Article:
By Sheila Ferguson Ph.D., LPCC
Sixty-nine-year-old Carrie Little tells an all too familiar story about the surprises that can come with our annual physical exams. “I have always had a clean bill of health until now. However, my doctor called to say ‘your lab results indicate that your cholesterol levels are too high. (200 mg per deciliter mg/dl or HDL level of less than 50 mg/dl0) So, it is time to prescribe you a statin medication.’ ”
“She also noted that the problem was so serious that I was at risk for cardiovascular disease-related problems like Heart Attack, and Atherosclerosis. She also noted the possibility of AFib, and dementia if I did not change my lifestyle. In short, I had to start eating a more cholesterol-deficient diet, exercise daily, and not smoke or consume alcohol. She encouraged me to get better educated about coronary heart disease.”
Too much cholesterol in arteries causes Atherosclerosis or hardening of the arteries. This buildup restricts blood flow and can cause a heart attack or stroke.
What is Hypercholesterolemia
Hypercholesterolemia or high blood cholesterol can be either inherited or sporadic. There is a direct link between your cholesterol levels and your risk for heart disease.
Cholesterol is a naturally occurring substance in the body. 75% of the cholesterol in our bloodstream is made in the liver, and the remaining 25% comes from what we eat.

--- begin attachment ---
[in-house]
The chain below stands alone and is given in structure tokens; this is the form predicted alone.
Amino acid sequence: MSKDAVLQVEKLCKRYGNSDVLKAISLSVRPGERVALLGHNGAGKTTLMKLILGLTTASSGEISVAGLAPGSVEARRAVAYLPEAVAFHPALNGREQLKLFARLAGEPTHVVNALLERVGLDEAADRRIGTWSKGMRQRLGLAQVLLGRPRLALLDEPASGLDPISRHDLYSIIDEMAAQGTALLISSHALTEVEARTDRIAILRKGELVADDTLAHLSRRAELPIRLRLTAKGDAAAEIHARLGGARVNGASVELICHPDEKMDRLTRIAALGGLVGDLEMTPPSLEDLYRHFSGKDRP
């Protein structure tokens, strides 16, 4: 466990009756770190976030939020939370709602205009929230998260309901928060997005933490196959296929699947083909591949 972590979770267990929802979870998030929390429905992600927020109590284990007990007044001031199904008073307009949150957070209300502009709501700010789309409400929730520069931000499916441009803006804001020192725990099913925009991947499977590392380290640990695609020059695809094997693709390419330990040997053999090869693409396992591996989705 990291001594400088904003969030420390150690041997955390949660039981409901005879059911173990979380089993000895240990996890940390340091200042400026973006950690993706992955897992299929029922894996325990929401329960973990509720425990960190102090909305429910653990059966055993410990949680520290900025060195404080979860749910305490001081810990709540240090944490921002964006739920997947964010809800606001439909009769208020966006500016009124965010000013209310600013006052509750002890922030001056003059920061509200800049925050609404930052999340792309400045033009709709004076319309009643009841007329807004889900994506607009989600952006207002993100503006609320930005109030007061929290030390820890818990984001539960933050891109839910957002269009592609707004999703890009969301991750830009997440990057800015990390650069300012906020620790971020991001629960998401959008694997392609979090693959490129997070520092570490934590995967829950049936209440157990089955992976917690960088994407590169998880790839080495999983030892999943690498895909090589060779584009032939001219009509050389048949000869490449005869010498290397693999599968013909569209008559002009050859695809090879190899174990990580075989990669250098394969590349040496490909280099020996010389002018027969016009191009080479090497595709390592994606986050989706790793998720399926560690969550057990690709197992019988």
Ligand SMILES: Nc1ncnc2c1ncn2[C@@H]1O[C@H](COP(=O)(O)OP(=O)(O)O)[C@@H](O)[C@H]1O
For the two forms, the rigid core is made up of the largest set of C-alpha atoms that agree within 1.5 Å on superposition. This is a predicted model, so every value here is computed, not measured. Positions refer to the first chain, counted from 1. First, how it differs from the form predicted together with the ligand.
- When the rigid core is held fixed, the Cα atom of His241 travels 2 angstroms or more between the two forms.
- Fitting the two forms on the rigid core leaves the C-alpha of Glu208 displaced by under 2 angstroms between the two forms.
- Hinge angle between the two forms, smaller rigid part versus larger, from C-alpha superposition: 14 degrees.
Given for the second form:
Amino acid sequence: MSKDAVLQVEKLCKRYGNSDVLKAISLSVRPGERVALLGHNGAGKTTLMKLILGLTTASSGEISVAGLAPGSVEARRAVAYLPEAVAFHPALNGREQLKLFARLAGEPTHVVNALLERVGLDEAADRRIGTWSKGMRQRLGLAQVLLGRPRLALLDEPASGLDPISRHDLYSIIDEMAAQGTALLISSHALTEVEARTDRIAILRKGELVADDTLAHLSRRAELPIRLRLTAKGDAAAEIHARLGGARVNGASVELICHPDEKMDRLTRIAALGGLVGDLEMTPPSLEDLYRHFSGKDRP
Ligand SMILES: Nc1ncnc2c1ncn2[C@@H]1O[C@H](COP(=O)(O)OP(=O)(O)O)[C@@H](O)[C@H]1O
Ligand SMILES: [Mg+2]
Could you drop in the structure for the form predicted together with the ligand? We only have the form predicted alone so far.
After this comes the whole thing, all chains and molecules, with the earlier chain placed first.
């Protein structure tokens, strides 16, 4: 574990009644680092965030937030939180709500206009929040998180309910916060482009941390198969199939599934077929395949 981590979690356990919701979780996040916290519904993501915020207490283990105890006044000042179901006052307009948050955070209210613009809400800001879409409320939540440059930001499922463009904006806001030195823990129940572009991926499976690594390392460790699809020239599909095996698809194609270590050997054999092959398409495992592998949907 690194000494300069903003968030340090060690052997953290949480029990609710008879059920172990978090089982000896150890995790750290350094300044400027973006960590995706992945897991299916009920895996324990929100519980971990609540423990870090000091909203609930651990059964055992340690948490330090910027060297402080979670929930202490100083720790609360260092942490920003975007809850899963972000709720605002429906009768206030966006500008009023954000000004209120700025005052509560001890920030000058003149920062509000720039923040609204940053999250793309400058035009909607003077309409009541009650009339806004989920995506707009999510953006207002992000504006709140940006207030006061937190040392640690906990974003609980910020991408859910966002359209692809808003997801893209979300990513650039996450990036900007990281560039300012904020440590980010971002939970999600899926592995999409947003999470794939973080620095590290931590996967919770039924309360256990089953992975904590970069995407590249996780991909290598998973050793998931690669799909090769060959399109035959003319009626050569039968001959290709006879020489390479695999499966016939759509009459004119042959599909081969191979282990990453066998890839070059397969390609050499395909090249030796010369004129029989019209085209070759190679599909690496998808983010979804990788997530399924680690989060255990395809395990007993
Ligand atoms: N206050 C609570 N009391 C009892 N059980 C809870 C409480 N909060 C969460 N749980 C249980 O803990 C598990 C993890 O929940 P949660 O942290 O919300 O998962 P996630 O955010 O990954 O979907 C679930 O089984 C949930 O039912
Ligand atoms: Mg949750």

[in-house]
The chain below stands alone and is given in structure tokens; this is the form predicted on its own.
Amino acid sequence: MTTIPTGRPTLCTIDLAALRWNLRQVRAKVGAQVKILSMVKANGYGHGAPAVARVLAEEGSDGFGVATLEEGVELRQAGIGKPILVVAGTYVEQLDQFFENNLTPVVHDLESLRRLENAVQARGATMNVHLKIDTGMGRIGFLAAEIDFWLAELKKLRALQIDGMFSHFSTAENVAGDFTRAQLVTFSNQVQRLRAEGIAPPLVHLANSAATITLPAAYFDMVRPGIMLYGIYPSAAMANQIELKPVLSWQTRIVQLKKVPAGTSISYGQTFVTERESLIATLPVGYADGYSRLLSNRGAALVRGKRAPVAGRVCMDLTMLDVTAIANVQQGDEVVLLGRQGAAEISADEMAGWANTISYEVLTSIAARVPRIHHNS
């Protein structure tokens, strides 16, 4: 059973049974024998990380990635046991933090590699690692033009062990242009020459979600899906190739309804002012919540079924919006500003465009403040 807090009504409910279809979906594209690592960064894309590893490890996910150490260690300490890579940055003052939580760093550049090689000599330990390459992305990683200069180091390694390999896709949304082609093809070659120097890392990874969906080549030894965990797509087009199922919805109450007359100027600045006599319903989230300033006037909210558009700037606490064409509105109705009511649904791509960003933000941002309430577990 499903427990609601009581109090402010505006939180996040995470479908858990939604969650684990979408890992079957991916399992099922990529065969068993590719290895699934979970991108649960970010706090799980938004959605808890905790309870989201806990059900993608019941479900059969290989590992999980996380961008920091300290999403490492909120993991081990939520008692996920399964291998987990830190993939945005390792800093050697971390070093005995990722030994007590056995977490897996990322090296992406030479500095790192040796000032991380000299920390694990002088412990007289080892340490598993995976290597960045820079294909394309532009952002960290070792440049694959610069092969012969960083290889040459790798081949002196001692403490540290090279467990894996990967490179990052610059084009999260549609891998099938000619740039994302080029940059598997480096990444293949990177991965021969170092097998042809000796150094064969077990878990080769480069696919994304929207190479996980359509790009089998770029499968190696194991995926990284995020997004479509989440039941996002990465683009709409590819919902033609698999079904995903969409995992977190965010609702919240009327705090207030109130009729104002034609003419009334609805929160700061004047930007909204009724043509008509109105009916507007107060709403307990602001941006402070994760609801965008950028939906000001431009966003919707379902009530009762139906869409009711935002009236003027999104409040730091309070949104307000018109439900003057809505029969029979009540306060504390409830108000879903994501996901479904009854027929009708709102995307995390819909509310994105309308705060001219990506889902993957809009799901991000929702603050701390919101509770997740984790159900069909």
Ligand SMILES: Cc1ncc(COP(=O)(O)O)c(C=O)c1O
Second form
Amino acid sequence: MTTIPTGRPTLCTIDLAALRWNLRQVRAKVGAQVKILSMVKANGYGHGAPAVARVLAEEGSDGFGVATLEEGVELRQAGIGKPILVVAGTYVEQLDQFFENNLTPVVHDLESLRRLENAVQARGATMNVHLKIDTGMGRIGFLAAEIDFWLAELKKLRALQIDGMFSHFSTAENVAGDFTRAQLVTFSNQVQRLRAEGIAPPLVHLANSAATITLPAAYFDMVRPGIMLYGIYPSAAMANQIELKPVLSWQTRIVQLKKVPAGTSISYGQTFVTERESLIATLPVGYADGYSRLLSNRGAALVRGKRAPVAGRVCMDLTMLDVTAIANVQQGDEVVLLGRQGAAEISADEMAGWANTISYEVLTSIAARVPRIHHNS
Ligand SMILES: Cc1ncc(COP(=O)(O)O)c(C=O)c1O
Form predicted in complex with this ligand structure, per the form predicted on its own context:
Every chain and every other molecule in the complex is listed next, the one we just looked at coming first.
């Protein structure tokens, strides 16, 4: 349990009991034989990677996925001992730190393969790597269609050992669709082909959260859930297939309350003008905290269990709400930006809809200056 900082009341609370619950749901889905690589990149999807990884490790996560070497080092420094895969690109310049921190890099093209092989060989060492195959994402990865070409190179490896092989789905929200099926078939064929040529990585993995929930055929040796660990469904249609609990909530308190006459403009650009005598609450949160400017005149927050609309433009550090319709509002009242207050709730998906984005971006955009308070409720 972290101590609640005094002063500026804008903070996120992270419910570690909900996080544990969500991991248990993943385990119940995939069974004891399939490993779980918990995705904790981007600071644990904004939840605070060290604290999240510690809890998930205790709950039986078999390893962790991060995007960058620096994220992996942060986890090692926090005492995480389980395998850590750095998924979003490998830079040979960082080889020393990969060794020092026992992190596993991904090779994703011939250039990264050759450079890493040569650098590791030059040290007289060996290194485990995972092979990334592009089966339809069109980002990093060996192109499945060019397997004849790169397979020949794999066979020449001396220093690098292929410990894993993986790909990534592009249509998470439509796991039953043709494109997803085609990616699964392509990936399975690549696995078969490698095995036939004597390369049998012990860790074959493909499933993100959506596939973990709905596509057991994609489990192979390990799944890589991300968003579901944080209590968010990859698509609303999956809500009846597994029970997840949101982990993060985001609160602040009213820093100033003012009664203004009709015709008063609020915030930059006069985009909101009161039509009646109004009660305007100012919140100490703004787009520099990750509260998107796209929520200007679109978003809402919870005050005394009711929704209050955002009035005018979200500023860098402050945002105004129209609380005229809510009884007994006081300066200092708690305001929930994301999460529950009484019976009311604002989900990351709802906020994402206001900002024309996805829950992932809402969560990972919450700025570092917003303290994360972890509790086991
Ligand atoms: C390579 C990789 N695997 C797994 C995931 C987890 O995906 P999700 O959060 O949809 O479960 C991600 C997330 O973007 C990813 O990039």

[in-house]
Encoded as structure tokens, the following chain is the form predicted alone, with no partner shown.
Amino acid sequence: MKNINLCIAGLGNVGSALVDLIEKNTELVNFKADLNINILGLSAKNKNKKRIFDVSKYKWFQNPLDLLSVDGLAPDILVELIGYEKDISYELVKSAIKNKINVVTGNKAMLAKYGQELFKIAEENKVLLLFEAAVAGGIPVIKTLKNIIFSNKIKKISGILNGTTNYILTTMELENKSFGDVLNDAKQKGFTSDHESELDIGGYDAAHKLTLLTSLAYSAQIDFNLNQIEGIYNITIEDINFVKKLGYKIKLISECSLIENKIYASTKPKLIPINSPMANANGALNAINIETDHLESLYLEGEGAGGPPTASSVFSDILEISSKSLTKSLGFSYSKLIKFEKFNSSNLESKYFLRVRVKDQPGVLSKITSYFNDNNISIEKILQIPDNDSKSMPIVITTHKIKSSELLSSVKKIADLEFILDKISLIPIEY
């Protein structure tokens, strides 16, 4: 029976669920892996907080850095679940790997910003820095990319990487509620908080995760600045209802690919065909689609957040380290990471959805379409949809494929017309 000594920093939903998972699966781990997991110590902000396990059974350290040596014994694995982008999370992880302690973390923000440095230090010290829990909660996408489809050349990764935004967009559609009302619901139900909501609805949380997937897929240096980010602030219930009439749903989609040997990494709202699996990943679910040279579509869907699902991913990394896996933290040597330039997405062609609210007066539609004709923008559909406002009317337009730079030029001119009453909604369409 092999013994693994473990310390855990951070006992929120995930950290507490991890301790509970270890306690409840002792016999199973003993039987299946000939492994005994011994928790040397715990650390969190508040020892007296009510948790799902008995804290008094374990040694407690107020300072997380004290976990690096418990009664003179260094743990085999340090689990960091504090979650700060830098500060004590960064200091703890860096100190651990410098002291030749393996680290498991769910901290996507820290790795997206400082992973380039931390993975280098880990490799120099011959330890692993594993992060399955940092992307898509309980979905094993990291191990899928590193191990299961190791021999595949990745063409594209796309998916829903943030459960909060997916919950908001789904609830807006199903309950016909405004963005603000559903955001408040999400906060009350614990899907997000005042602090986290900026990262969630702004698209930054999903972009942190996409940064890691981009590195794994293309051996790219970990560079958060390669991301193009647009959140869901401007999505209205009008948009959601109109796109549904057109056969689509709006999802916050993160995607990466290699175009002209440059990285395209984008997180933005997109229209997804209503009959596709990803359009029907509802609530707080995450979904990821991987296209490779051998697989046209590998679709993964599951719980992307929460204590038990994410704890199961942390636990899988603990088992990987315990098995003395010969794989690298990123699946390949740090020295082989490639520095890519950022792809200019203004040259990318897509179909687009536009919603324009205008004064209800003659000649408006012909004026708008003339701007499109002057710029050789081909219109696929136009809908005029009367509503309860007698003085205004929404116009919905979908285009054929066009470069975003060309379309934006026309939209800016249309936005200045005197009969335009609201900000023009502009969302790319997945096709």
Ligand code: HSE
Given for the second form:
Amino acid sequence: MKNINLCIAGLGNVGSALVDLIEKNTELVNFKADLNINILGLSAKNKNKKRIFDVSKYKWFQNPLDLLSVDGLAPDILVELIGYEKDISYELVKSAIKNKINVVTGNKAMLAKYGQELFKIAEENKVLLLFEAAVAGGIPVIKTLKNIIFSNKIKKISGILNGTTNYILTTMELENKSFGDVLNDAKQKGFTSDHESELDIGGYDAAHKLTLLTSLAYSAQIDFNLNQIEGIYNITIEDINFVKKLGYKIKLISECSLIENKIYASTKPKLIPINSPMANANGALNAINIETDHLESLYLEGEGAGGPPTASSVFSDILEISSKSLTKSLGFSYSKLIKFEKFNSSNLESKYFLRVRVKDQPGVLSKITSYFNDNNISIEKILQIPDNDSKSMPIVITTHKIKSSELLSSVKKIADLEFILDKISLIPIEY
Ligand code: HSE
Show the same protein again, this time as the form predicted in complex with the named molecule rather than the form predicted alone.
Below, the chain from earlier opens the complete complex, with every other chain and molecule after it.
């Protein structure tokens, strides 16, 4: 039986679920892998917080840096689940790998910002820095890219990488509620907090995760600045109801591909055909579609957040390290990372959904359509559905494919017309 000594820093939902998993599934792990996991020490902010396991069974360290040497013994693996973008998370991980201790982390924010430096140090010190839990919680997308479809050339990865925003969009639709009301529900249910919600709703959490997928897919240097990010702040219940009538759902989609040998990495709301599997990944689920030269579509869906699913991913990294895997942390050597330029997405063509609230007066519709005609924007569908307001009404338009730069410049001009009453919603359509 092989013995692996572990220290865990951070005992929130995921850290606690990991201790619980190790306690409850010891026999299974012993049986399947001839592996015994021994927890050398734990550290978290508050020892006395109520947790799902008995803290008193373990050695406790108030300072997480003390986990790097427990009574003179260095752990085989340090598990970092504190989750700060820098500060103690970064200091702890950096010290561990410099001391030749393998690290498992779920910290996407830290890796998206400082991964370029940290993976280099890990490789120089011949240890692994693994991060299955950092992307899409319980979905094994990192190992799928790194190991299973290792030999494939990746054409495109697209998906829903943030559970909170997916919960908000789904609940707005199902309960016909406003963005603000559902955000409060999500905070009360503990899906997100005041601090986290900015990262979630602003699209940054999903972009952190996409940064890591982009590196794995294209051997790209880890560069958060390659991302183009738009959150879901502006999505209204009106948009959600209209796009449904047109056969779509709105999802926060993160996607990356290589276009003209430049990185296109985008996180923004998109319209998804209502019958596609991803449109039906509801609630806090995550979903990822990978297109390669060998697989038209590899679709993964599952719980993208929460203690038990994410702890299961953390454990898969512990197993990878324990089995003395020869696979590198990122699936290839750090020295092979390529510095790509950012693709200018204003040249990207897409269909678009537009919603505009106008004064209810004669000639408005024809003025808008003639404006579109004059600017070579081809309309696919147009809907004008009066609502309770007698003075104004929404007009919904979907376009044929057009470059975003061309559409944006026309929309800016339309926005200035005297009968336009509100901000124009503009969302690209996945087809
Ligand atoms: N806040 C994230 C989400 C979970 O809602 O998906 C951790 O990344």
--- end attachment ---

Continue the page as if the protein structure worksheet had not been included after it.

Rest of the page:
In Medline’s Warning Signs and Symptoms article (2021), it is reported that elevated blood cholesterol levels endanger your health and can even cause premature death. Hypercholesterolemia is most problematic from midlife through the elder years. The problem is even more grave when considering the 2021 American Health Association reported that “half of the American men and a third of women suffer a heart attack by age 60.
Diagnosis & Testing
There are no symptoms of high cholesterol. Thus, the only way to determine if you have high cholesterol, or you are producing too much is through blood tests. Too much cholesterol in arteries causes Atherosclerosis or hardening of the arteries. This buildup restricts blood flow and can cause a heart attack or stroke. Persons with Hypercholesterolemia can reduce their risk by eating a cholesterol deficient diet, exercising, and quitting smoking. Elevated levels may also indicate the need to take prescribed medications that lower your cholesterol level.
Experts at the Mayo Clinic recommend asking your doctor to complete a “lipid panel and lipid profile” during your annual physical exam and interval check-ups. These tests measure the amount of cholesterol and triglycerides in your blood. They can also determine your risk of increasing fatty deposits in your arteries throughout your body.
Note: Only have your cholesterol evaluated when you feel well and are thirty to 45 days past surgery and anesthesia. Also, make sure you have not had food or beverages after midnight on the day before testing. The aim is to measure “fasting blood” sugar levels.
A Plan for Reducing Your Risks
Carrie embarked on a plan that includes:
- A Plan for Reducing Your Risks
- Carrie embarked on a plan that includes
- Taking the statin “Atorvastatin” prescribed by her doctor
- Daily 30-minute walks
- Eating only lean meats, poultry, and seafood
- Eating two to three servings of fruits and vegetables per day
- Drinking eight 8-ounce glasses of water, or a half gallon of water per day to prevent dehydration
- Improving her sleep hygiene with 7-9 hours of undisturbed sleep without blue light interference